Chairman’s Address

The purpose of this conference is mainly to bring together those who have contributed to this subject over a period of years. We want to define the current status of knowledge concerning Digital Fabrication in 3 dimensions: Design, Art, and Technology.

Due to the impacts of COVID-19 around the world, the conference’s submissions and date were affected. Nevertheless, we are grateful for the contributions of experts and scholars from Japan, the United Kingdom, India, and Taiwan. Finally, through the peer review, 21 research papers, and 21 demo works were selected. The themes are quite diverse, including: Design for digital fabrication, New material and craft, AR/VR, UI/UX, Embodiment design, Interactive art and design, Social design, Policy issues and intellectual properties, and Art creation based on digital fabrication, including installation or interaction. They intend to reflect the cross-domain research and creation of issues in today’s rapidly changing technology.

The four speakers at the conference delivered keynote speeches on various topics. They include: a talk on the future development of digital fabrication by Prof. Hiroya Tanaka from Japan’s Keio University; art creation through media interaction shared by Prof. Yasuaki Kakehi from Japan’s the University of Tokyo; a talk on VR design by Hsin-Chien Huang, the recipient of the Golden Lion Award (Best VR Experience) at Venice Film Festival; and the industry’s latest trends for AR interactive interfaces shared by Sheng-Kai Tang, a senior interactive designer at U.S. Microsoft. The Bauhaus Design School, established in 1919, explored how to combine industrial technology and art to transform the society at the time. 100 years after the technological development by leaps and bounds, today, under a different spatial and temporal context, it is worth pondering whether or not human nature will be surpassed by technology. AI, robots, AR/VR, or 3D printing technology also need aesthetics and design to improve human life and avoid repeating the mistake of mass producing crude and shoddy products at the time of the industrial revolution.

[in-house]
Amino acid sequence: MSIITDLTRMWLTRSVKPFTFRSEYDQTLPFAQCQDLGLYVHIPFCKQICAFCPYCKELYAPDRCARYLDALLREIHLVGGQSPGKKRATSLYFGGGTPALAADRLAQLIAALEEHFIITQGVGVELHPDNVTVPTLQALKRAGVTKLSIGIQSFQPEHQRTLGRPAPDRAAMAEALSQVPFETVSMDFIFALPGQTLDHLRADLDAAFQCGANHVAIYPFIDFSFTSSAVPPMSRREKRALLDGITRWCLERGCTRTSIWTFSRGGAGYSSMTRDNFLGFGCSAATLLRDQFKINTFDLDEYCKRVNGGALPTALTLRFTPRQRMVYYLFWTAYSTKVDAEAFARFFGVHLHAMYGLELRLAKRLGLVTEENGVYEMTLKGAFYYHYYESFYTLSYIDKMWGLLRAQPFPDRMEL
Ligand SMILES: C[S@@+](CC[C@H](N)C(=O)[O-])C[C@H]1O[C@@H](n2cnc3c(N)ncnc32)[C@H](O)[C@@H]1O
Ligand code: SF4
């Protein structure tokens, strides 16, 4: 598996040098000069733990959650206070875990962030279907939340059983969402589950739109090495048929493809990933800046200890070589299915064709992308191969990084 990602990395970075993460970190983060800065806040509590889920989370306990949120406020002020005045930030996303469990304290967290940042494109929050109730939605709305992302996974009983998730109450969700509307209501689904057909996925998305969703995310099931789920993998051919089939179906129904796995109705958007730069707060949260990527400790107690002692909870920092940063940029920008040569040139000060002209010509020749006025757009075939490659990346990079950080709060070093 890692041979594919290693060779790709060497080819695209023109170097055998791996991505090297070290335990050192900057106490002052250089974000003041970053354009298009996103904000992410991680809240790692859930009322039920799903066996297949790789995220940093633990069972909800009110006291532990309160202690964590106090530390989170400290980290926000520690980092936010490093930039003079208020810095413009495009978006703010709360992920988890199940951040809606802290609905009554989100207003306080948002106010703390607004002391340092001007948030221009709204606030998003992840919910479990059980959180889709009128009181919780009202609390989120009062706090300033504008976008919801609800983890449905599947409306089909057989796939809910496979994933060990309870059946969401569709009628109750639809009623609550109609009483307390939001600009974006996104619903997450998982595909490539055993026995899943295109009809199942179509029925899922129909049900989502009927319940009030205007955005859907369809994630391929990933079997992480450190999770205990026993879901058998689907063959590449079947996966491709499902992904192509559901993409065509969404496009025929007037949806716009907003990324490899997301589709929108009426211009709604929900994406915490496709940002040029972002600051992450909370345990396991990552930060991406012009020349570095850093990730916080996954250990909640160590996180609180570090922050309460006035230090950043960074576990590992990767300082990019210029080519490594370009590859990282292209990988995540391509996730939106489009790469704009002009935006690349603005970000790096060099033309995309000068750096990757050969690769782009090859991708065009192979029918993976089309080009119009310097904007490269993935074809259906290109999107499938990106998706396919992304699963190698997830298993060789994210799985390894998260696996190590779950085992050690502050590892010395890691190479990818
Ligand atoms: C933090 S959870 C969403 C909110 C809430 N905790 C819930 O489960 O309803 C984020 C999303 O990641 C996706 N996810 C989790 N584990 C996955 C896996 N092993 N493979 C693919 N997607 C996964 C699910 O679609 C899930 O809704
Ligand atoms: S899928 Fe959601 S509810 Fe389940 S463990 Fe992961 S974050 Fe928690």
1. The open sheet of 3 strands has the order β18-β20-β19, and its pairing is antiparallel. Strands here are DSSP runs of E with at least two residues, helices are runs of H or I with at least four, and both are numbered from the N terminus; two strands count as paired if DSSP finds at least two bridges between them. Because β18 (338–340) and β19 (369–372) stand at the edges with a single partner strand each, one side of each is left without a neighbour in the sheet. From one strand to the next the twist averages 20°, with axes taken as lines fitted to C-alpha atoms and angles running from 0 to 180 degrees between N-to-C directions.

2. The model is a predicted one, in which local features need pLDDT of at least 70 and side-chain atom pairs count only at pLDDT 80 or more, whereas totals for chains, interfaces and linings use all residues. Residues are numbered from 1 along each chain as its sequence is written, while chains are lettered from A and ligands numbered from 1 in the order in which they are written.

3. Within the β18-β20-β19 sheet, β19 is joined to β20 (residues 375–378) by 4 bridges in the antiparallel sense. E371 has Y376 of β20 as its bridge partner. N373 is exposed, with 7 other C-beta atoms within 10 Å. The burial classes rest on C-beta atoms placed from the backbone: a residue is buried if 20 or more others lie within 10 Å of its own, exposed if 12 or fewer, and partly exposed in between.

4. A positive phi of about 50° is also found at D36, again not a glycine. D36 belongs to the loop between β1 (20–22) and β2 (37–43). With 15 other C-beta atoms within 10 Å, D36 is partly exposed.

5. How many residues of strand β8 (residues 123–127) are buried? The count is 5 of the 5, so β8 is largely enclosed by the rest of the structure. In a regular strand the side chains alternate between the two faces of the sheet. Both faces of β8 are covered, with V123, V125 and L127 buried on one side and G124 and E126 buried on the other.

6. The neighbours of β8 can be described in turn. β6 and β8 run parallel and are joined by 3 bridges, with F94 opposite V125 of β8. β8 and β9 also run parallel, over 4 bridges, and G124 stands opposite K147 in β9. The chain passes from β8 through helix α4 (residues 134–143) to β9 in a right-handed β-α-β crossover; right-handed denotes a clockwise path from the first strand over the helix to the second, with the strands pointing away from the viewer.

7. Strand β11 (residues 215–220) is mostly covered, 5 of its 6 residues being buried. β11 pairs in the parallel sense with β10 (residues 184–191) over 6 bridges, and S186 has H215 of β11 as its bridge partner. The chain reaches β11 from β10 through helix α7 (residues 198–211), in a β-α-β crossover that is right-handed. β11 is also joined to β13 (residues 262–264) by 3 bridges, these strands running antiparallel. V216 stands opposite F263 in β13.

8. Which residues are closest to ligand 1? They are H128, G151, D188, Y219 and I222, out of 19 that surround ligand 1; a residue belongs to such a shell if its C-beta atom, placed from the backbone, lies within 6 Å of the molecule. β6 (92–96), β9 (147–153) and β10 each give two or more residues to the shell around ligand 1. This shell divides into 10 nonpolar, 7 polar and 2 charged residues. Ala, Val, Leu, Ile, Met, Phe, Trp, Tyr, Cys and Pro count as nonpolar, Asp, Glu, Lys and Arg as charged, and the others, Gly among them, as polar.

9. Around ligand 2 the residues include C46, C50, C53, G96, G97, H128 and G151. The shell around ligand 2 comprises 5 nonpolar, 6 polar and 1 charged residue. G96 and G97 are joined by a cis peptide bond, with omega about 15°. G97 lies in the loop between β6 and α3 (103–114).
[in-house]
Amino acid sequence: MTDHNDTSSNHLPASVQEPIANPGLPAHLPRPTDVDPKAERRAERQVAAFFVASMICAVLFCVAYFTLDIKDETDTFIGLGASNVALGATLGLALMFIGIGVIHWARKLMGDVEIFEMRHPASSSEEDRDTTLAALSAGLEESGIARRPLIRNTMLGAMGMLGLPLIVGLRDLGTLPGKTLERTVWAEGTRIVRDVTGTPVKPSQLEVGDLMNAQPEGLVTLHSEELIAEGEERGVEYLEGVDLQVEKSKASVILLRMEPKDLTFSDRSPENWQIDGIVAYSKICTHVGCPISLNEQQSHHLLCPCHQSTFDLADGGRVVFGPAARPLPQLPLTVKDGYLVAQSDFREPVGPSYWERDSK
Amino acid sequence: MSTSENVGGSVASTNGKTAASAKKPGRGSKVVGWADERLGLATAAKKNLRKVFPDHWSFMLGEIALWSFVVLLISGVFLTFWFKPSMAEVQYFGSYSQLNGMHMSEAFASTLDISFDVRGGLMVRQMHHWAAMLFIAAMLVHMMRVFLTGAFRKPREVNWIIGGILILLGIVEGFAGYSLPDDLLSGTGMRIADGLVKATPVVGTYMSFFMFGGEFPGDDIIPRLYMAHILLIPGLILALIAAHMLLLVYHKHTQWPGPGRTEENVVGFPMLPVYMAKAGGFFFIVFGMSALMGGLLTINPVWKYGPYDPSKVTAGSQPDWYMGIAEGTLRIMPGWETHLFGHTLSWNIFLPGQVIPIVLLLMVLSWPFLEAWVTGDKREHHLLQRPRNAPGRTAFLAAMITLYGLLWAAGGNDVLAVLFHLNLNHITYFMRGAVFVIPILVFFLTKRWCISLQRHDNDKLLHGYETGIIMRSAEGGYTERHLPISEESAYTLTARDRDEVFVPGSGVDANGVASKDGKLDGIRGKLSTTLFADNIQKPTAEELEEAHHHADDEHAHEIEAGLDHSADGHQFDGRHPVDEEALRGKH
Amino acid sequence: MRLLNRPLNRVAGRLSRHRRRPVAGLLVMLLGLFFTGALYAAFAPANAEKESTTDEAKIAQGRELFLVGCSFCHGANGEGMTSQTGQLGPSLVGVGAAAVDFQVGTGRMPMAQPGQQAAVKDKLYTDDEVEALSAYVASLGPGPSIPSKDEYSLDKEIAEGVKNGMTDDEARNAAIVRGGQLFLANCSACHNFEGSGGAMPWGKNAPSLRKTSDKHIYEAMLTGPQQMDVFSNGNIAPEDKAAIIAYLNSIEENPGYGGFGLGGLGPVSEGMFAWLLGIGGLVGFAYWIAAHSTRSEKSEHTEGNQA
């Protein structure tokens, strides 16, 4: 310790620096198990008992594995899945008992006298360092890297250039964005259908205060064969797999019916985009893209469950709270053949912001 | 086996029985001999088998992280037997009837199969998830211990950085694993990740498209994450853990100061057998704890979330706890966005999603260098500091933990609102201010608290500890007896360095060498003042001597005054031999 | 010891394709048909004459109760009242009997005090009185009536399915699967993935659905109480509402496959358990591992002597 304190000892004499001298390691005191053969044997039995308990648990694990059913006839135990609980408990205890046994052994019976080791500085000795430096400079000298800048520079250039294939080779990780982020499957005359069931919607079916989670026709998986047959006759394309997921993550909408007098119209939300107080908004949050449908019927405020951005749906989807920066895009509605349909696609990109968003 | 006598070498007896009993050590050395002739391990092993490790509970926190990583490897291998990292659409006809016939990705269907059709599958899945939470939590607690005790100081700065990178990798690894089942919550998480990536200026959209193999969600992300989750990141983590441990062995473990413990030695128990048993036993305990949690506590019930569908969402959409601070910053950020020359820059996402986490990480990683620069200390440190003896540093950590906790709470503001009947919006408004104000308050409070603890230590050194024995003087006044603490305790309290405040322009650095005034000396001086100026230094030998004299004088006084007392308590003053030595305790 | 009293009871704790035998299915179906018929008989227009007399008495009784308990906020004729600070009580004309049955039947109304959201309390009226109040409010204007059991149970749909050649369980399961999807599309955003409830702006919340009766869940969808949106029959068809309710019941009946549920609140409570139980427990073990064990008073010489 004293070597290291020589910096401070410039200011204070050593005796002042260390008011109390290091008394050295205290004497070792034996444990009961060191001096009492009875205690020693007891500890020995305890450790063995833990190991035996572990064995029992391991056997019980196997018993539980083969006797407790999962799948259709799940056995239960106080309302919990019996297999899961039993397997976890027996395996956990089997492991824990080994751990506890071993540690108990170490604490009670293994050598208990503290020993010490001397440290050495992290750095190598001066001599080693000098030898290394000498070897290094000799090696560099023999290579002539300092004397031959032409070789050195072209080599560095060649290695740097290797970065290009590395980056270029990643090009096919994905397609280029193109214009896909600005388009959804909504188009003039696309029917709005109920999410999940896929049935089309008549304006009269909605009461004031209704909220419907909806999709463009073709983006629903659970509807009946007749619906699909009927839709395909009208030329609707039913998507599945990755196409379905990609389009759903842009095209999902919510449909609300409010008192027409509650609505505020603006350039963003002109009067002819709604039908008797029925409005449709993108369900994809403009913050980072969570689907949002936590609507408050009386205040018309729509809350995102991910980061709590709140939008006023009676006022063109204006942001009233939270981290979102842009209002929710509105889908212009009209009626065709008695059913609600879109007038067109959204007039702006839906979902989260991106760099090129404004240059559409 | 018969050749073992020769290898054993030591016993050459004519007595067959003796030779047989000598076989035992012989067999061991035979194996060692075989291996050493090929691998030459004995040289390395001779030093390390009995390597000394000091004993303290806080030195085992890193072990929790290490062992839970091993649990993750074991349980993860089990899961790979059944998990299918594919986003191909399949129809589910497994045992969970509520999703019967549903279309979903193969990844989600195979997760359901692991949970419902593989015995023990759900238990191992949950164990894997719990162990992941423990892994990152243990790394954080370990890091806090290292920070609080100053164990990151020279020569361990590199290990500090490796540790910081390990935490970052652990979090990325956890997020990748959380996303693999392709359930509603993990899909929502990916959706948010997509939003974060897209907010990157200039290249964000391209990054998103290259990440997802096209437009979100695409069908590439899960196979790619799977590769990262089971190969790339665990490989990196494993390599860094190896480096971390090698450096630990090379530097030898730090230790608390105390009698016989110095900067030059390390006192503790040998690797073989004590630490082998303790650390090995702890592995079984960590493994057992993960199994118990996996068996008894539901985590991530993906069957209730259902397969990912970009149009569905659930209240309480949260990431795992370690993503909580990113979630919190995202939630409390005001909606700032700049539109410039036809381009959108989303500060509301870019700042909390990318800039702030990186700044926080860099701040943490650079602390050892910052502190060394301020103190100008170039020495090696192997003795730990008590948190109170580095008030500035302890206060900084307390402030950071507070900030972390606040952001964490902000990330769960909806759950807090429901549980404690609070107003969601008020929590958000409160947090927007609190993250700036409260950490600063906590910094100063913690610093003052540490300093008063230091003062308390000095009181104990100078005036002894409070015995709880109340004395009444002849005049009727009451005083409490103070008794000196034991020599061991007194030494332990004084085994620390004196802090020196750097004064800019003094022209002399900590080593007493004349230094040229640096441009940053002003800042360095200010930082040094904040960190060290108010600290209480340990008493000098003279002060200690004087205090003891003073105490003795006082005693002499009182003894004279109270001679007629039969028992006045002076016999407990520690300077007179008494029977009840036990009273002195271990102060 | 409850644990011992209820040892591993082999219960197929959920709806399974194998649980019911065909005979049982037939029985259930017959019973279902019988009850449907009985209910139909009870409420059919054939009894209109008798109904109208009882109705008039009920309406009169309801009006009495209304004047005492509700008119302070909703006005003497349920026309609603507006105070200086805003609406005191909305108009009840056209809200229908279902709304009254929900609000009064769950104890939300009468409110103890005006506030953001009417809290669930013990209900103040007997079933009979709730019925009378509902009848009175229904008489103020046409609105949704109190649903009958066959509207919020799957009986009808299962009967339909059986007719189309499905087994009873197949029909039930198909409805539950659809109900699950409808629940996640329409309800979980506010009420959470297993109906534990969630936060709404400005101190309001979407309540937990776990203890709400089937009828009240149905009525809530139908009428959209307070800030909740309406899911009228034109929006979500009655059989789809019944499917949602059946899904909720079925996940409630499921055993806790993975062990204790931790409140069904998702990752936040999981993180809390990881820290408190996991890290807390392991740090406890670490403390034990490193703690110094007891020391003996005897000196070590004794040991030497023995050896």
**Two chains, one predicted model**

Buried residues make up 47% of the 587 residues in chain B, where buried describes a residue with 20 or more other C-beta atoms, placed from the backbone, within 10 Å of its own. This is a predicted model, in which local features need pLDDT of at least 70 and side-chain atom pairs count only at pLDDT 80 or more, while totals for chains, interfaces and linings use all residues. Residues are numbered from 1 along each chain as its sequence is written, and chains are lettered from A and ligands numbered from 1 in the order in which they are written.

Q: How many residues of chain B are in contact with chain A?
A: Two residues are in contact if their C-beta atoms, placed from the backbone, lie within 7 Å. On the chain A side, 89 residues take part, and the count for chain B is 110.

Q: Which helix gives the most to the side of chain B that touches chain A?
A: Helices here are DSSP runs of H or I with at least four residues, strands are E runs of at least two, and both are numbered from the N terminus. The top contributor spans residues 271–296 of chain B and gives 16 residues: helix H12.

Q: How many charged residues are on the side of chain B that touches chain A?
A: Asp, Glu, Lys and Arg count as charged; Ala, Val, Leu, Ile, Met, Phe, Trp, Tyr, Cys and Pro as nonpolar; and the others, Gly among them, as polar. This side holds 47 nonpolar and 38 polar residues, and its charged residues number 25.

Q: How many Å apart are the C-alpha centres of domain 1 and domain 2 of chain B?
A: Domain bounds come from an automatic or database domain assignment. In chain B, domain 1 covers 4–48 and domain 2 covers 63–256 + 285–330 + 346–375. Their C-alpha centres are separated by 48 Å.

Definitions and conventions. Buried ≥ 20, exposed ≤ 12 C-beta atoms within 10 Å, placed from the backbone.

Hopefully, through the exchanges and discussions at today’s conference, the name of this cross-domain meeting “International Conference on Digital Fabrication: Design, Art, and Technology” can be reflected. By the end of this conference we will see future possibilities of art and design. Lastly, we extend gratitude to organizing team, collaborators, presenters, hosts, and people from all walks of life for your strong support.

Chun-Cheng Hsu  (許峻誠) 
Professor & Chairman,
Institute of Applied Arts, National Chiao Tung University